Android can be found almost anywhere, especially in unofficial ports and sometimes strange places. It’s still primarily an operating designed for smartphones, particularly ones that have a minimum set of hardware capabilities to be considered “smart.” There was a time, however, when it seemed that Google was working on bringing Android further down the mobile food chain, running on something that’s considered a “feature phone” by today’s standards. That never came to pass, but a new video shows what could have been had the Nokia 400 launched with Android for Feature Phones running inside.
This Nokia-branded Android feature phone first surfaced in 2019 and was finally given an unofficial name months after. It will probably remain a mystery why HMD Global canceled the so-called Nokia 400, especially considering how it seemed to be production-ready. More than a year later, a video has suddenly popped up out of the blue, showcasing how “Google Android for Feature Phones” or GAFP was supposed to work.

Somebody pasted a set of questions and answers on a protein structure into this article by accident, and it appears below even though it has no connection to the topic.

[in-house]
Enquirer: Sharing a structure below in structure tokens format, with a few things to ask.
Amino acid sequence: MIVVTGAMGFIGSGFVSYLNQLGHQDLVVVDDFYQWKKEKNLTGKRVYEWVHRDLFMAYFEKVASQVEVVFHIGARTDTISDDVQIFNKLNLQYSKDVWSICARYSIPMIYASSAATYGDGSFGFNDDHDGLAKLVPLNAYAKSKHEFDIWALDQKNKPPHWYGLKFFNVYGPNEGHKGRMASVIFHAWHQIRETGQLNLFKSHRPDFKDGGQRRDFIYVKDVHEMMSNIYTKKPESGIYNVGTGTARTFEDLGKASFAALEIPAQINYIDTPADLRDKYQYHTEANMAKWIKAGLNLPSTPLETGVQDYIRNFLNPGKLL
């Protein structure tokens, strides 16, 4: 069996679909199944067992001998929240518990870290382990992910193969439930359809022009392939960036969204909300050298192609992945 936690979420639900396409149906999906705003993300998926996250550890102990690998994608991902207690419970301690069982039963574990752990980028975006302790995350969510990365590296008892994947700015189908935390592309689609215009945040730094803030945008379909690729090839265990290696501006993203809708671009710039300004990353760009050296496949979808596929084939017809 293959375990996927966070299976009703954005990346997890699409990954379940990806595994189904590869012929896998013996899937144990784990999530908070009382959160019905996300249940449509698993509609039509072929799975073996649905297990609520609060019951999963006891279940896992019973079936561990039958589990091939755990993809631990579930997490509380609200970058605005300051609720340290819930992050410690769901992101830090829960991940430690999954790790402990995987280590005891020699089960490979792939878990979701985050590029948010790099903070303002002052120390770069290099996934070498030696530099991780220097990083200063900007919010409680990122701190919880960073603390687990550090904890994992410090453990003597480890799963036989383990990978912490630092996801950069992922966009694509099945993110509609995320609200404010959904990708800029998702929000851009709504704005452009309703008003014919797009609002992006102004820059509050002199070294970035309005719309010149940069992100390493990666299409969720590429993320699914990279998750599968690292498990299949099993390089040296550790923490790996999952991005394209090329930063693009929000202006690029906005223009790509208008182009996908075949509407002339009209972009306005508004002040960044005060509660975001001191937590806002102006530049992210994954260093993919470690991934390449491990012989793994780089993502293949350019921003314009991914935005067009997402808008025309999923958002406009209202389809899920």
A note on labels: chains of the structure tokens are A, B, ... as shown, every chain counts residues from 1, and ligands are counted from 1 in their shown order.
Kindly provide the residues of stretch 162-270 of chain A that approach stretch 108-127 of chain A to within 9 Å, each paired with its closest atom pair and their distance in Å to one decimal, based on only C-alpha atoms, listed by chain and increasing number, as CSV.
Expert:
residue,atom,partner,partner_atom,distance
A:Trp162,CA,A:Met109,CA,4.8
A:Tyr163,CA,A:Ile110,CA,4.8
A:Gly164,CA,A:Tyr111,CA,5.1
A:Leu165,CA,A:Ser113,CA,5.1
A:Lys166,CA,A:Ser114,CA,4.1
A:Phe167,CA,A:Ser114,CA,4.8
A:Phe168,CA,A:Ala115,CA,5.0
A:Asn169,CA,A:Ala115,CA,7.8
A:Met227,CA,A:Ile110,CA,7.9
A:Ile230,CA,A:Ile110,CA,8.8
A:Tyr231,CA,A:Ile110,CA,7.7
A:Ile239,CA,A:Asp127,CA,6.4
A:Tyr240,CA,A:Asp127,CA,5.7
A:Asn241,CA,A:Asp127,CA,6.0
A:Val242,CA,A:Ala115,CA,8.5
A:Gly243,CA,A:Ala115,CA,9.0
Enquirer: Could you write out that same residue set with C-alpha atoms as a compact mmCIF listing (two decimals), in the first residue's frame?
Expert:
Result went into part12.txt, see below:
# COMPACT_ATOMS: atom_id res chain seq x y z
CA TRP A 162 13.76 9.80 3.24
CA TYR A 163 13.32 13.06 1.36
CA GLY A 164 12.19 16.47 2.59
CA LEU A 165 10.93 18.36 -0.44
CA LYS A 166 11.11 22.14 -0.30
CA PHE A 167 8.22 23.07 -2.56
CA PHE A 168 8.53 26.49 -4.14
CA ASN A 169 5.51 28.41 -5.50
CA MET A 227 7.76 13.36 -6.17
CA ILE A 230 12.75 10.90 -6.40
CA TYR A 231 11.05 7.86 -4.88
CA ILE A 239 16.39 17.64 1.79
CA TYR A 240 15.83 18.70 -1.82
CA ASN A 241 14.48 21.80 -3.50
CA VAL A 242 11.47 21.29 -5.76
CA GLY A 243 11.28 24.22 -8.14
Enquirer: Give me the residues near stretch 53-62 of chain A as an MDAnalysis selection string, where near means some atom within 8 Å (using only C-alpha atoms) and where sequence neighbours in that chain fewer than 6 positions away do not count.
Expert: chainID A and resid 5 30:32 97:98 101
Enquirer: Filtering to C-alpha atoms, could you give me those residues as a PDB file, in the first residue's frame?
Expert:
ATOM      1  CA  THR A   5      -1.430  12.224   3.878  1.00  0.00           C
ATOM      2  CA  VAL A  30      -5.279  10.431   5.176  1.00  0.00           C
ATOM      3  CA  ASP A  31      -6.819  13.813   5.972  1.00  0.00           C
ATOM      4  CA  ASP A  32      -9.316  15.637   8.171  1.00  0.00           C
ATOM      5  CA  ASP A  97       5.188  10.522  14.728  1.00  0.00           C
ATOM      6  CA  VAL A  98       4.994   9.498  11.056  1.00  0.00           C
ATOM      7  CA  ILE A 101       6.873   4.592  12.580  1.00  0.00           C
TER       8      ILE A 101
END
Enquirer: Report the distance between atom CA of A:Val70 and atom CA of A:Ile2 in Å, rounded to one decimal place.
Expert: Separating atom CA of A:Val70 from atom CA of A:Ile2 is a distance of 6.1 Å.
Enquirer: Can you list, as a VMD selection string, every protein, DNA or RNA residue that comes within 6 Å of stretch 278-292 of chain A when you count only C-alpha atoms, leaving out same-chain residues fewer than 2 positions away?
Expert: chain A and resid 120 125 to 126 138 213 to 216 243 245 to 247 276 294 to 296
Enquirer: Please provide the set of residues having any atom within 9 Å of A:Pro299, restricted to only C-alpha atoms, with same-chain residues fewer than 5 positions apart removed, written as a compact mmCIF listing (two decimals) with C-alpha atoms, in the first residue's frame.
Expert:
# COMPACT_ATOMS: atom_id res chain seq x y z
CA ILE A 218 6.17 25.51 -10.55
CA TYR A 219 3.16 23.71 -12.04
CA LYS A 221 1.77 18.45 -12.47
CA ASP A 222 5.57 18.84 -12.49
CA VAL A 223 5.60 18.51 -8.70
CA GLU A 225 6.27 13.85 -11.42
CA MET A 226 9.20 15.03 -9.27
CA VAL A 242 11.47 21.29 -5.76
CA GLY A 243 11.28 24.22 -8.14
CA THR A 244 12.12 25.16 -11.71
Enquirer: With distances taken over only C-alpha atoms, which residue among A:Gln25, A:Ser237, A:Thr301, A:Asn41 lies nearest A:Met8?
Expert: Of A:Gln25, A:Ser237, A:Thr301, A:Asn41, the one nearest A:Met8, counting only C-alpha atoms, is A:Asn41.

Unlike even the cheapest of smartphones, feature phones are often identified by their lack of a touch screen. As such, GAFP was designed around D-Pad navigation and interaction with Google Assistant. The latter, which is clearly seen on the bootup screen, is the first telltale sign that the chunky Nokia 400 is an Android device.
Of course, the Settings app provides the more definite confirmation, showing that the phone is running GAFP based on Android 8.1 Oreo. It also reveals that the device only has 512MB of RAM, meeting the requirements of Android Oreo Go Edition back in 2019. Considering Android Go already supported Lite versions of Google’s mainstream apps, the fact that GAFP could also do so shouldn’t come as a surprise.
Calyx Hikari, who provided the video, also shared the out-of-the-box experience for the Nokia 400, revealing that the phone’s primary target market was India. It’s still unknown why HMD Global suddenly pulled the plug, but with many entry-level Android phones and Nokia-branded feature phones already in the market, its presence probably wouldn’t have made much of a difference.